WineInk: The magic of the Classic |

WineInk: The magic of the Classic

A look forward ... and behind

Kelly J. Hayes
People walk about outside the Grand Tasting tent at the Food & Wine Classic in 2022, at Wagner Park in downtown Aspen.
Austin Colbert/The Aspen Times

As it is the middle of the offseason here in the Rockies, it is a perfect time to consider the coming summer of wine and to glance back at some summer memories gone by.

Summer is the best of seasons in Wine Country. It is the time when the grapes do all the work. Hopes are high for a bountiful harvest, and there is a little time to rest a bit and let nature do its thing. For wine drinkers, it is the season for sipping lighter-style wines. Rosé rules under the summer sun, and this year, it seems that Sauvignon Blanc will also have a moment. Bucket-cooled sparkling wines always refresh in the heat of the day or for sunset contemplation and celebration. For those who just want to keep drinking red wine, the lighter style, cool-climate Pinot Noirs from the Sonoma Coast or the fresh and fruity Gamay wines from Beaujolais can do the trick.

I have a couple of West Coast wine trips coming up — to the Pacific Northwest and to California’s Central Coast — and will be looking to indulge and report back on wines that are new to me and hopefully of interest to you. Summer wine travel is a blessing, as the days are long and the vibe is mellow.

But it is the 40th anniversary edition of the Food & Wine Classic that is circled in red on my calendar. Yes, that circle around June 16-18 came from the stained foot of a glass. I have been attending the Classic for three decades of those years, and I doubt that without it being such an integral part of the Aspen summer season this column would exist.

Donald Ziraldo and Gianluca Bisol toast the Classic.
Courtesy photo

When WineInk debuted in 2007, an initiative offered up by then-Aspen Times Editor Bob Ward, it was based on the correct premise that Aspen is a significant wine town. Much of that thinking had to do with the annual presence of America’s foremost culinary and wine event. He knew that Aspen had a world-class collection of sommeliers, collectors, and wine lists, but he also recognized the importance of the Food & Wine Classic to the community. The Aspen Daily News at that time already had a wine column written by Brenda Francis, and it was an honor to begin the process of chronicling the wine scene in this town and writing more broadly about all things wine.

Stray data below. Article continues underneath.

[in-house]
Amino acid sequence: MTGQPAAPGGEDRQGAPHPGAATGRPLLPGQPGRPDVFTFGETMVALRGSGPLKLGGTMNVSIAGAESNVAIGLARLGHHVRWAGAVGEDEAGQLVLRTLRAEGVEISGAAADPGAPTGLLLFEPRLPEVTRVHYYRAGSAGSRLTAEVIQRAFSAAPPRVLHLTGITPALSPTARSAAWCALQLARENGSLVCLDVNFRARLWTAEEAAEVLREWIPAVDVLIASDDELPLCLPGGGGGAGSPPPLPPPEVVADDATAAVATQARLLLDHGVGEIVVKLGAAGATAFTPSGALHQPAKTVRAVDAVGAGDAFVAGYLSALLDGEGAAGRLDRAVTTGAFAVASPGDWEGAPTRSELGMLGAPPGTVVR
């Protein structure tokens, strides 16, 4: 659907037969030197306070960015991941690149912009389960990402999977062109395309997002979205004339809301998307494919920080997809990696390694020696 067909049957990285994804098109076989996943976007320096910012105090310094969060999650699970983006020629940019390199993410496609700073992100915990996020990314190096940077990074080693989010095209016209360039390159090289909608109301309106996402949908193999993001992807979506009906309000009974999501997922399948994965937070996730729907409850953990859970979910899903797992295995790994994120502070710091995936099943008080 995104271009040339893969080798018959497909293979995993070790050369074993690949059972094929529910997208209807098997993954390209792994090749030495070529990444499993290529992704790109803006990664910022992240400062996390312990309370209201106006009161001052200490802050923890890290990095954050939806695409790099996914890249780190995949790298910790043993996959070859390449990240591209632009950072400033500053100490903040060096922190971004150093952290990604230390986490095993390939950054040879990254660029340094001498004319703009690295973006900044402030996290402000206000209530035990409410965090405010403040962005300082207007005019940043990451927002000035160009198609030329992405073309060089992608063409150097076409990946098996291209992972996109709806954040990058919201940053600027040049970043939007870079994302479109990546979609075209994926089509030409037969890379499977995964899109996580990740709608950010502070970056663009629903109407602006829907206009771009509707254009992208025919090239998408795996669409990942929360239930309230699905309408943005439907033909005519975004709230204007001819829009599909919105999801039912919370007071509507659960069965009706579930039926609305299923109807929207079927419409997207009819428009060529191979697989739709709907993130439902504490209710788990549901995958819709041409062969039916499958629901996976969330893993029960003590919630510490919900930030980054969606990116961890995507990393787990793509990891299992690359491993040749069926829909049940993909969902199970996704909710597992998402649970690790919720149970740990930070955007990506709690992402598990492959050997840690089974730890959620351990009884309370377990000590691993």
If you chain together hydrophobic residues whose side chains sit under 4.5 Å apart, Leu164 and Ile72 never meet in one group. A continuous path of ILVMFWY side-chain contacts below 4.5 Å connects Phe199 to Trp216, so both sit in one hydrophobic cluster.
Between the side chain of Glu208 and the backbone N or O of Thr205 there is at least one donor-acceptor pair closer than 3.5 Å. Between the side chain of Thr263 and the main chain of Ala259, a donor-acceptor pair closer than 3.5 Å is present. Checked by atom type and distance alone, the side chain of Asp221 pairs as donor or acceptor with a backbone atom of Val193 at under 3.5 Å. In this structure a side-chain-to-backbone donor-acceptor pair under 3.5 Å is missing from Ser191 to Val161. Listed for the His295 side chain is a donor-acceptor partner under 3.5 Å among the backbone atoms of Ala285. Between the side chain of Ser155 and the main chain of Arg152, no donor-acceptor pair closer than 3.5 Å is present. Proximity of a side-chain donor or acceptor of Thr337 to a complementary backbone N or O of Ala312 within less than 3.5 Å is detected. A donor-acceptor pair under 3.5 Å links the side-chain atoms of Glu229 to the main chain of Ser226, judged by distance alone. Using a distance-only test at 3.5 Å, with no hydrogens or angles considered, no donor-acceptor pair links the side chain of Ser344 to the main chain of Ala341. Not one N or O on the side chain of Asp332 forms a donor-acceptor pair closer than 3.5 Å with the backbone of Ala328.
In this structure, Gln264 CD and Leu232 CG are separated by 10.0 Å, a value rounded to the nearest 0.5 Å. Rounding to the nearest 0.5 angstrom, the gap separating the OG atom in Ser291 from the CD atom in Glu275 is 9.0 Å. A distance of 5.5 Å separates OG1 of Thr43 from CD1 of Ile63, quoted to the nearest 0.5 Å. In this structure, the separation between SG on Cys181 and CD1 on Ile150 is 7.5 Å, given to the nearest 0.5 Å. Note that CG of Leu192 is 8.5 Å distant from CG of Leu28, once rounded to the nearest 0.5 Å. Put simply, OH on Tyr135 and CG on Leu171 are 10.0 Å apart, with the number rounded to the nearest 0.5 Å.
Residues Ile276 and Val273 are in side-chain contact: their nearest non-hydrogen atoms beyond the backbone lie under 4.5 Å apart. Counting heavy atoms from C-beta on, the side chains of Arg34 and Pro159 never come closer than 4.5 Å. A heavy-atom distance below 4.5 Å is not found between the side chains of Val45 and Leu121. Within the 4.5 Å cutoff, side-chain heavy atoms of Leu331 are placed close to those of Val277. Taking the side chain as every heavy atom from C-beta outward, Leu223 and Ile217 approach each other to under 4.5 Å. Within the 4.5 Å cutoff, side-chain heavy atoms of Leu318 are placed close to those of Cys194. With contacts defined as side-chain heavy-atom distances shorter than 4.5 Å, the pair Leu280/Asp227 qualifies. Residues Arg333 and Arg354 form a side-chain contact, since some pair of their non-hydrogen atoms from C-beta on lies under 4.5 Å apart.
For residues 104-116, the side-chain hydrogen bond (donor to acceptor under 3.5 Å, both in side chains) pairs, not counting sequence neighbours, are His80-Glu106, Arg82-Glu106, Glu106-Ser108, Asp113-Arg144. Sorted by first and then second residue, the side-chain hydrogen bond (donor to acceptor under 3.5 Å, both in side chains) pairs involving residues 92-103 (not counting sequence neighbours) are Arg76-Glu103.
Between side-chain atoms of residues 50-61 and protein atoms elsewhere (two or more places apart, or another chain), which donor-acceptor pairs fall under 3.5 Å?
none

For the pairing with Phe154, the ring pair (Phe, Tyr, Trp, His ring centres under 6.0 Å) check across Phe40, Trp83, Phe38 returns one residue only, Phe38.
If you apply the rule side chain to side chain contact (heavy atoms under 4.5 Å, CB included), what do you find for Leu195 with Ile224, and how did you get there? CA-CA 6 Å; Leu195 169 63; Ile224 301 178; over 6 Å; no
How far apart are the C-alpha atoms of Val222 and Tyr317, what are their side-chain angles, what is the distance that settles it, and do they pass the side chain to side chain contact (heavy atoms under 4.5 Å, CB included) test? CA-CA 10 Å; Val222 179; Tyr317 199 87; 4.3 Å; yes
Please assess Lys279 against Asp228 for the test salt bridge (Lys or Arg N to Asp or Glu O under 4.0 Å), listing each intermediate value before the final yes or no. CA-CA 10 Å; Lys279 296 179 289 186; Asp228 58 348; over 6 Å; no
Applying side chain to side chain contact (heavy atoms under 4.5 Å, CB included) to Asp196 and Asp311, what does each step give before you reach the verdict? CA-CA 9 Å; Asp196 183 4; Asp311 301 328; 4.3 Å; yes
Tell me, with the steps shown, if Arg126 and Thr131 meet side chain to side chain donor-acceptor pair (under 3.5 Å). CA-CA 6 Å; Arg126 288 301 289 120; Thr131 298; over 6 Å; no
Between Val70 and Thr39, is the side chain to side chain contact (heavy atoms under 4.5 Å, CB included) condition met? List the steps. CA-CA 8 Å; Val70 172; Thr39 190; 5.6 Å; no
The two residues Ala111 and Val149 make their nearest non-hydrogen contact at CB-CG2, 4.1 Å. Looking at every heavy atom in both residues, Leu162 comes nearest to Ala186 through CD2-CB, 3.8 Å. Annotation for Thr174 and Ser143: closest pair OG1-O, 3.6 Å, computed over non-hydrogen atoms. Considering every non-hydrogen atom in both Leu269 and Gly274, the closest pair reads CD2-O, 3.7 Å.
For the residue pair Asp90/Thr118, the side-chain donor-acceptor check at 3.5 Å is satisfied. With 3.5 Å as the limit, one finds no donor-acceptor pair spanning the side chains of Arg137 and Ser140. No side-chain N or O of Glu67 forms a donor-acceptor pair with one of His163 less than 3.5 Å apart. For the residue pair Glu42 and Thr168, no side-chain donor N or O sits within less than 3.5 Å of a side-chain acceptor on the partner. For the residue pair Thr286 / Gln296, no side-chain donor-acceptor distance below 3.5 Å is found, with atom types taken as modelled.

Since that time, I have not have missed a Classic and have embraced the opportunities it provides each summer. You see, instead of having to actually travel to visit winemakers and taste their wines on their turf, the most esteemed wine producers in the world come here for three days each year and bring their best stuff to, well, my turf. It has always been a compressed and challenging three days in many ways, but the chance to meet so many legends and taste and talk through their wines has been a privilege and an education.

So many people and so many wines, it is actually hard to know where to begin. I guess the tents may be the best place. I have never toured the great wine regions of Spain, something on the must-do list; but thanks to the annual Wines of Spain activation that is a staple in the Grand Tasting Pavilion, I can tell my Albariño from my Mencía. That’s pronounced “Men-thee-ah” and is an aromatic red wine that comes from the northwest corner of Spain. Each year, I try to spend the best part of an hour tasting the top and absorbing as much knowledge as I can from those who pour the wines in my glass.

Randy Ullom and the Kendall Jackson team ski during the Classic.